Course in Vanuatu raises development concerns
A sustainable resource management course in Vanuatu has ignited differing views on development in the country.
A sustainable resource management course in Vanuatu has ignited debate about the direction of development in the country.
It raised questions as to whether courses run with Western assistance help or hinder countries with different value systems.
Bridget Grace has more.
An article published in Vanuatu last week lambasted the Australian-sponsored course, saying it pushed participants to focus on economic growth and viewed local traditions as impediments to development. Aminio David from the Lands Desk of the Vanuatu Cultural Centre was one of the authors of the article and says the course didn't respect traditional values.
AMINO DAVID: They were looking at putting a monetary value on resources starting from the sea to the coast and then to the forest. In my culture we do not value these things, these things they don't have value, they are so meaningful that they don't have value.
The course, 'Valuing Culture and Nature for Sustainable Resource Management' was held in Australia in May with funding support from AusAid. But Mr David is concerned about land in Vanuatu shifting away from traditional ownership and says these teachings are not in keeping with the the local concept of customary land.
AMINO DAVID: Putting numbers onto these things, that's what got me really scared for my country. Today we are in the middle of a war on land, most people have their land registered, and mortgaged and taken all this... and half of the people still keep their land in the traditional tenure. But very soon a lot of our people will be landless because once they take our land from the custom, or from all of us and we put it in a one man system, it's gone, it never comes back.
Ideas of private ownership and permanently relinquishing land are new to Vanuatu. Mr David says there are hundreds of people, whom he describes as victims, and therefore in many areas locals can no longer access the land or sea like they used too. He says on the island of Efate almost 90 percent of the coastline has been bought by foreigners and fences now run right down the beach. Mike Waiwai, from the Ministry of Climate Change also attended the course and published an article in response to Mr David's. He says Vanuatu needs to be open to new ideas and different notions of development. Mr Waiwai, who is a Social Scientist says the course is in keeping with a Melanesian Spearhead Group leadership programme. He says it's when locals sell to foreigners that they don't have access to the land.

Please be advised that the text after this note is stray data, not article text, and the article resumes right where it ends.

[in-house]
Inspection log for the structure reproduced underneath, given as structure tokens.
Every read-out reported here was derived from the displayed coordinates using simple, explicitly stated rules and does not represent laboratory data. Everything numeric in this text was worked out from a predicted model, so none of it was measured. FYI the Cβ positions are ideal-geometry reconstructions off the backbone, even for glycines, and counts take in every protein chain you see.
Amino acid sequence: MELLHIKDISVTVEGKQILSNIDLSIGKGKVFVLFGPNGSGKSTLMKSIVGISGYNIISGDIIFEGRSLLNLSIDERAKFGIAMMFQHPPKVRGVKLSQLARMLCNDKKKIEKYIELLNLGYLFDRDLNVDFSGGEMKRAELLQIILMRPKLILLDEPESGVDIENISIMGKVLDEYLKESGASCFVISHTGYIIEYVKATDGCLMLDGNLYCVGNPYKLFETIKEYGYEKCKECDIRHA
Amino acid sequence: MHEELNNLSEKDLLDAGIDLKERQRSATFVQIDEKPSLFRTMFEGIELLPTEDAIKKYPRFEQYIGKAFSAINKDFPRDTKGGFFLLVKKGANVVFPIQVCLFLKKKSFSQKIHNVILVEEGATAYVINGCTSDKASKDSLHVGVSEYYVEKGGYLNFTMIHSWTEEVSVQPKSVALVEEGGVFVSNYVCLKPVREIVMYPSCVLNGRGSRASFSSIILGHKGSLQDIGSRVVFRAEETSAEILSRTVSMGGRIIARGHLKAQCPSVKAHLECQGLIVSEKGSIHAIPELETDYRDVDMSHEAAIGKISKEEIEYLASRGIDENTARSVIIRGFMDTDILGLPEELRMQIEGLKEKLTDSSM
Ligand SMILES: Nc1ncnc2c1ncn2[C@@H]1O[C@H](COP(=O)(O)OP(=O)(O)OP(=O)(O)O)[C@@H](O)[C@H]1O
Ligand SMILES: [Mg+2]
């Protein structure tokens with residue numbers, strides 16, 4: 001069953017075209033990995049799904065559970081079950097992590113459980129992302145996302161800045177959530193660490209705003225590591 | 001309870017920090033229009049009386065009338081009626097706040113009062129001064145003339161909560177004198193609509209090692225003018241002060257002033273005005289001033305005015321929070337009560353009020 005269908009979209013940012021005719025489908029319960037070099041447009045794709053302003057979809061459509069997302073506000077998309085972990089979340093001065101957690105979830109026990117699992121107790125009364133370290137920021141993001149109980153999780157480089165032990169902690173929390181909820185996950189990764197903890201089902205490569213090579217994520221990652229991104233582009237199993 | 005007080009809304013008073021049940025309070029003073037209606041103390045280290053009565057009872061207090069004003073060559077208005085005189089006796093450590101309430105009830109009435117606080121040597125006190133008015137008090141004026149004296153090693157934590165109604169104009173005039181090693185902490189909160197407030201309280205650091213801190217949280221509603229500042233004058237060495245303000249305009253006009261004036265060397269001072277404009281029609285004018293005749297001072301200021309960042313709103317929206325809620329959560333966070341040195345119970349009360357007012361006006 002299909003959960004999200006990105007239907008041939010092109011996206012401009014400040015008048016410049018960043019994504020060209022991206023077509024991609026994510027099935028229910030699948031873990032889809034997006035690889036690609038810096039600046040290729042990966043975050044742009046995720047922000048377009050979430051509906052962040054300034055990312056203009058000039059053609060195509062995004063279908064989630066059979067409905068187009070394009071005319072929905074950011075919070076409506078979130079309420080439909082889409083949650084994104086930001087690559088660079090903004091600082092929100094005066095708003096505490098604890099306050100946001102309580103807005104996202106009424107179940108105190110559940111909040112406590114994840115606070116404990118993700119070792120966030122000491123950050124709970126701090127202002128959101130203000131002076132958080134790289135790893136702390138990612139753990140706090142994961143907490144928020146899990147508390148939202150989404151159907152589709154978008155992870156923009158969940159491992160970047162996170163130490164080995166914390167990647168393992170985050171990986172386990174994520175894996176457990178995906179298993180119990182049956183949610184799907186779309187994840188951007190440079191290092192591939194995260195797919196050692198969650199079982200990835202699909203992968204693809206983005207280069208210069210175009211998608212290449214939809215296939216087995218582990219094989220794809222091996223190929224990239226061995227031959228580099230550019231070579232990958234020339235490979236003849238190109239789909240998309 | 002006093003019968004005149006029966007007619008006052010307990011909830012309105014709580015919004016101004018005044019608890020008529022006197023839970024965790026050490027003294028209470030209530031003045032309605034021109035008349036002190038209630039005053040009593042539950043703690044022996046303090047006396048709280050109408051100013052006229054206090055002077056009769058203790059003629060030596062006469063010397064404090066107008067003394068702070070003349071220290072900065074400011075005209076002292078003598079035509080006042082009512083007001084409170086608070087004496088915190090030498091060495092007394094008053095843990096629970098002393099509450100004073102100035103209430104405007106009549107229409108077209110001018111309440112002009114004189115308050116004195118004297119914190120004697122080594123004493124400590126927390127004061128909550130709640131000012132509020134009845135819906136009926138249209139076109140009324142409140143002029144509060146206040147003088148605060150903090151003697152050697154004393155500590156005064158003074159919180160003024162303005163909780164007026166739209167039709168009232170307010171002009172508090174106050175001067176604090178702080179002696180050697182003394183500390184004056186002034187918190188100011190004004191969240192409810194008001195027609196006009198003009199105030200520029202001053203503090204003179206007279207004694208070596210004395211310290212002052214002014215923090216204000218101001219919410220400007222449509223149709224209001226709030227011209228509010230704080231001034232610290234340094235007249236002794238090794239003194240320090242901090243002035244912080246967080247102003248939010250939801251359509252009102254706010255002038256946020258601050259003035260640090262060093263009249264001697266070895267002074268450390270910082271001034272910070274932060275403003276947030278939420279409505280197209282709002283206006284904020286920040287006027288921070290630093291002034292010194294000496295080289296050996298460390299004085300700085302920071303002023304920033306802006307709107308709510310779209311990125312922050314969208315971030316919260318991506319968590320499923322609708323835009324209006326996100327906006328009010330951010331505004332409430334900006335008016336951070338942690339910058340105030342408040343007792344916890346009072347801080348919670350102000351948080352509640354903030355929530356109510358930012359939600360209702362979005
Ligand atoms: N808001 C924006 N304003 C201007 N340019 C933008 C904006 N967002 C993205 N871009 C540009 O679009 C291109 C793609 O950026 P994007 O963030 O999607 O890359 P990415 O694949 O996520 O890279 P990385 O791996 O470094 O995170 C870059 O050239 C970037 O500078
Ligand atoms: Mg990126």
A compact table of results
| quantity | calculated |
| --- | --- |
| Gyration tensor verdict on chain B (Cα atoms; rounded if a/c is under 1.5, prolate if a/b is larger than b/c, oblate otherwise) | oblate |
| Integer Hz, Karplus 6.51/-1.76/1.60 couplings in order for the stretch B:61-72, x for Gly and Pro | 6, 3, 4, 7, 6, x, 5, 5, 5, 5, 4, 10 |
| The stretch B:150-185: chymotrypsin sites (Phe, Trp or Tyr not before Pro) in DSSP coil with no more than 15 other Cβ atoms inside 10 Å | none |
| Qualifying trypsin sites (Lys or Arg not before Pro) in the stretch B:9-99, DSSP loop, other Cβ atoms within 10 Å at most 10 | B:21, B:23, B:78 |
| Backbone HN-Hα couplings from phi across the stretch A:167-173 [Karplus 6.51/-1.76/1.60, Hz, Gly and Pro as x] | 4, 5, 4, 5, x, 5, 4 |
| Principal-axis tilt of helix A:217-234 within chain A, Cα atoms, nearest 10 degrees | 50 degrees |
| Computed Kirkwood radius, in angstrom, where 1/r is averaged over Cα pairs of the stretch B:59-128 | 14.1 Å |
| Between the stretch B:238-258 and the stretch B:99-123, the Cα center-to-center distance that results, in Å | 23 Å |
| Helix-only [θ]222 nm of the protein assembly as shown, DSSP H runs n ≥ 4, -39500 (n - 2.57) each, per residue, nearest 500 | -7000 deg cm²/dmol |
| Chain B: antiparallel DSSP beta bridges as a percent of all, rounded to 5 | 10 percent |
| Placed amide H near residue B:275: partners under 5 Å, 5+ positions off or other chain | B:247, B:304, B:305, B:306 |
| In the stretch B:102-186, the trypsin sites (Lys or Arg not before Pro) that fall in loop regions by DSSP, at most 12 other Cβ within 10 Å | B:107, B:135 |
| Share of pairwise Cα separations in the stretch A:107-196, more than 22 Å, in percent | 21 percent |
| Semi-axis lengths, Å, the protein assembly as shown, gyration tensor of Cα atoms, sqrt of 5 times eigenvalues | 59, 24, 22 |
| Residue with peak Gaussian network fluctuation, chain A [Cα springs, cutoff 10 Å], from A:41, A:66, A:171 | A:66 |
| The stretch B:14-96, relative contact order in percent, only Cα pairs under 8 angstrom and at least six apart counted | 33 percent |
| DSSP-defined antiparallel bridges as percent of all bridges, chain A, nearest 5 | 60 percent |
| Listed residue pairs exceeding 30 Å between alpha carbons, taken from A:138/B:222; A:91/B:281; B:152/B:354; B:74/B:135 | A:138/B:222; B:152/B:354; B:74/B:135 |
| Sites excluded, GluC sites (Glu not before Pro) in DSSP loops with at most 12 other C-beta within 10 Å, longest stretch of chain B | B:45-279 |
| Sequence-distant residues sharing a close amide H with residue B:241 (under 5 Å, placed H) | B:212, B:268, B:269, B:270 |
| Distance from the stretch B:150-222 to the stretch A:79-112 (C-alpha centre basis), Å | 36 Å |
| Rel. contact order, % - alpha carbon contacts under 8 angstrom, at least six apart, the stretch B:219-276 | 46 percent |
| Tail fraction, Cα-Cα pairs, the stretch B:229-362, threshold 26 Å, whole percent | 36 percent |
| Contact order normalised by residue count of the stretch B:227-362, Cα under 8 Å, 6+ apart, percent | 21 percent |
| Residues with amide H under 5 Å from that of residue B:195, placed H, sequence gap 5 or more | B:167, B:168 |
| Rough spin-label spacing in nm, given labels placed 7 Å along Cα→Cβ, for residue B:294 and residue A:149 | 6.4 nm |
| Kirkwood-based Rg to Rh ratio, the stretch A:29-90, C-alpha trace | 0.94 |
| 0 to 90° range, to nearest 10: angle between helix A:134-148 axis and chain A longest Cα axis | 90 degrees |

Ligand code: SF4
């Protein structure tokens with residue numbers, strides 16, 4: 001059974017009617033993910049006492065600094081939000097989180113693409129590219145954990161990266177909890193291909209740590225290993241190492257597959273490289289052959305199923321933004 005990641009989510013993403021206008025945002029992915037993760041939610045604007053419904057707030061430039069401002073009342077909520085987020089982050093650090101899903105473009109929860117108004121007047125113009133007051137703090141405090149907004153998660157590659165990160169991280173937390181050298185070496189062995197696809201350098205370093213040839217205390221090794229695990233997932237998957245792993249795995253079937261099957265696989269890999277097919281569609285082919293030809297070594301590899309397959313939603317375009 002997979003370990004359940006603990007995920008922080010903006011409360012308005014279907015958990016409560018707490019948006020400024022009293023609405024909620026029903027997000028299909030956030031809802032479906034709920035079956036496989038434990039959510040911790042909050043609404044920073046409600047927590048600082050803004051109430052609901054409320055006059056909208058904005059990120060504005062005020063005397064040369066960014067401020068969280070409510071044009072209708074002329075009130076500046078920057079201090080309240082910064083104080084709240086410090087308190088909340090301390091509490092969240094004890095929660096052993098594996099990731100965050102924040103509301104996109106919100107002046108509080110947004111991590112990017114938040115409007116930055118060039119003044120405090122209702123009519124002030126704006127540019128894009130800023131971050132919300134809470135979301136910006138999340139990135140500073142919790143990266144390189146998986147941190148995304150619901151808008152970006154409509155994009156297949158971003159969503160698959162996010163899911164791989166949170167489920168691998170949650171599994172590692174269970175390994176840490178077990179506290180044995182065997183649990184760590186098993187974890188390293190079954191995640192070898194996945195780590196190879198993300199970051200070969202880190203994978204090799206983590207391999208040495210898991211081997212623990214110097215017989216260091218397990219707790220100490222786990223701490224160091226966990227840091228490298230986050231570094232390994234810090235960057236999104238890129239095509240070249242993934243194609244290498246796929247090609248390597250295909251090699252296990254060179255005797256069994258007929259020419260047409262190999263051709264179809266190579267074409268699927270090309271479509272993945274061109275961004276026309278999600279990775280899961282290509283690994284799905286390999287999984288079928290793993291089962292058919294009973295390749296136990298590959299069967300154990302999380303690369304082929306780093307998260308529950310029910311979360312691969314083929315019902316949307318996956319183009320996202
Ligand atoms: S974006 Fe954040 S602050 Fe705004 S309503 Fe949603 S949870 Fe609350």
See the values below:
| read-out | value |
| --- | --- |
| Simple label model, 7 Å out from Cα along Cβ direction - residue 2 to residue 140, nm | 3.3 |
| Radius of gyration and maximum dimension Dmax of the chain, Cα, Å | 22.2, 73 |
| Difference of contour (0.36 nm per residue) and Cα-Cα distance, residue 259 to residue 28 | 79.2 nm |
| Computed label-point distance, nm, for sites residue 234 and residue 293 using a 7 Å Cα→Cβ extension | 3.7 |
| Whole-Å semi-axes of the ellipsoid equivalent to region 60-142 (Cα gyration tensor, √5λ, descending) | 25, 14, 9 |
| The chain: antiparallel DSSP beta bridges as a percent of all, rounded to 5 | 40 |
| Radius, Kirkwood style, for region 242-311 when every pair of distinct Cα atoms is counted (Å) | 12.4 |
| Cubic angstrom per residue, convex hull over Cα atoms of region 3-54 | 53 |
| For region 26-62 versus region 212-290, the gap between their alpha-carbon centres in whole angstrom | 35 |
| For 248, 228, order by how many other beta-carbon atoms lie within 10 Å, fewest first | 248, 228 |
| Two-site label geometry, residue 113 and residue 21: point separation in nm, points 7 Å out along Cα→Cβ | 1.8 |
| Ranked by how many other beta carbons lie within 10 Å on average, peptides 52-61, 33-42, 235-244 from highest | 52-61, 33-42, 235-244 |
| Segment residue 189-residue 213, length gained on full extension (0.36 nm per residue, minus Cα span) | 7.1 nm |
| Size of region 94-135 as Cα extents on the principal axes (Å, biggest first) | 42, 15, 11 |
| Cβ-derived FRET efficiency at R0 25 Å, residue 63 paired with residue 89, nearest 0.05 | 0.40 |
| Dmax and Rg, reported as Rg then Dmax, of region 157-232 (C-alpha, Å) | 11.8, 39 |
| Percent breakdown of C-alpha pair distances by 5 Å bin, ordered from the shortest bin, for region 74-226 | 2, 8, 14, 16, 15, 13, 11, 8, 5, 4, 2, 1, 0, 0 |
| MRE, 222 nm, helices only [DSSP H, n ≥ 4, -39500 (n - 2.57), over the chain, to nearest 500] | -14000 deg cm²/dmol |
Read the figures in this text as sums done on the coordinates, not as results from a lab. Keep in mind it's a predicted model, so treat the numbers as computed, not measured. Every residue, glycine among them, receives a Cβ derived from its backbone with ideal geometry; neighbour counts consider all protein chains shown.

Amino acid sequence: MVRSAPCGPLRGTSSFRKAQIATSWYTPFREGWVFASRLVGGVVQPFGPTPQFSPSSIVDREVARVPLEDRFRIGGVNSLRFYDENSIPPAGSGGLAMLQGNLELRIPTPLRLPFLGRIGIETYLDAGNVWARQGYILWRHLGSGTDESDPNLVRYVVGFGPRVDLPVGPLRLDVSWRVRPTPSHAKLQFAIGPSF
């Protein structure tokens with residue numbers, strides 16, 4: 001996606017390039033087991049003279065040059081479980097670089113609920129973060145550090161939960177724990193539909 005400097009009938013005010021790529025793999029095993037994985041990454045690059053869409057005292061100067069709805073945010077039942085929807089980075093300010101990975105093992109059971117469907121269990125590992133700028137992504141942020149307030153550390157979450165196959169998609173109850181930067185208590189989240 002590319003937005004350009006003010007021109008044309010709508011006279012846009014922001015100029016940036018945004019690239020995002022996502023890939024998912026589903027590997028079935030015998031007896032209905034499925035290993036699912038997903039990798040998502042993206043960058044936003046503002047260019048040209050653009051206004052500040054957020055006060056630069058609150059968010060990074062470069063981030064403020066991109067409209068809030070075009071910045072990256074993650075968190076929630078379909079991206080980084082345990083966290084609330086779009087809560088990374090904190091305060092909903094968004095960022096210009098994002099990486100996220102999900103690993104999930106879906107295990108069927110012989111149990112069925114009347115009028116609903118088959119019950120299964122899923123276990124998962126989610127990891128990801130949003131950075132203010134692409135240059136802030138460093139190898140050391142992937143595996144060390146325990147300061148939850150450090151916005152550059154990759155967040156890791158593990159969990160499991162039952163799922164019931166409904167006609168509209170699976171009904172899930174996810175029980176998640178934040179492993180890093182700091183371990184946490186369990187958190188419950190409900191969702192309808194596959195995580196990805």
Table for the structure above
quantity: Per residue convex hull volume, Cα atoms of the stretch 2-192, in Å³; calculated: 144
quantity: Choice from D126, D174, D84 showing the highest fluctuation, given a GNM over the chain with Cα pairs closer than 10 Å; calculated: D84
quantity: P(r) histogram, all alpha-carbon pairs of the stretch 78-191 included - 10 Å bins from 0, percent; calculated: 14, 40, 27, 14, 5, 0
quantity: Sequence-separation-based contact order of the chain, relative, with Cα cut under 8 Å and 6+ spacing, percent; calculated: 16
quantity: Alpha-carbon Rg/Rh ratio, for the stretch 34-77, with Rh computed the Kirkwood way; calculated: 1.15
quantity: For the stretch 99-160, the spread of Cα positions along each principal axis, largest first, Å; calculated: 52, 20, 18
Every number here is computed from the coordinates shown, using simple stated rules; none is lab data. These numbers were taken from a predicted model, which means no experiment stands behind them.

MIKE WAIWAI: If they still own the lands they can do a lot of things out of the lands. So I don't see like that, this training is trying to teach us, or to help us to find ways on how this land can be sold. But it's just we're on our way to put our policy in place, or legislation where we can preserve our own land, and we can get an income from those lands. Like building a project say little bungalows, or hotels in those lands and getting money. land deals have meant that many traditional owners are now facing poverty.
Mr Waiwai says people in Vanuatu need to learn how to keep their resources.
MIKE WAIWAI: It's different from how people in Vanuatu think, but the way I think is it's really different from the way others think, like my friends think. But the way I see this we are just trying to learn on how we can preserve our natural resource.
Mr Waiwai says he didn't think the course had a hidden agenda and that it taught how to write policy that values both the culture and the environment. He says Vanuatu is a developing country and needs experts to help, and he wants Australia to continue to support Vanuatu in terms of these programmes.
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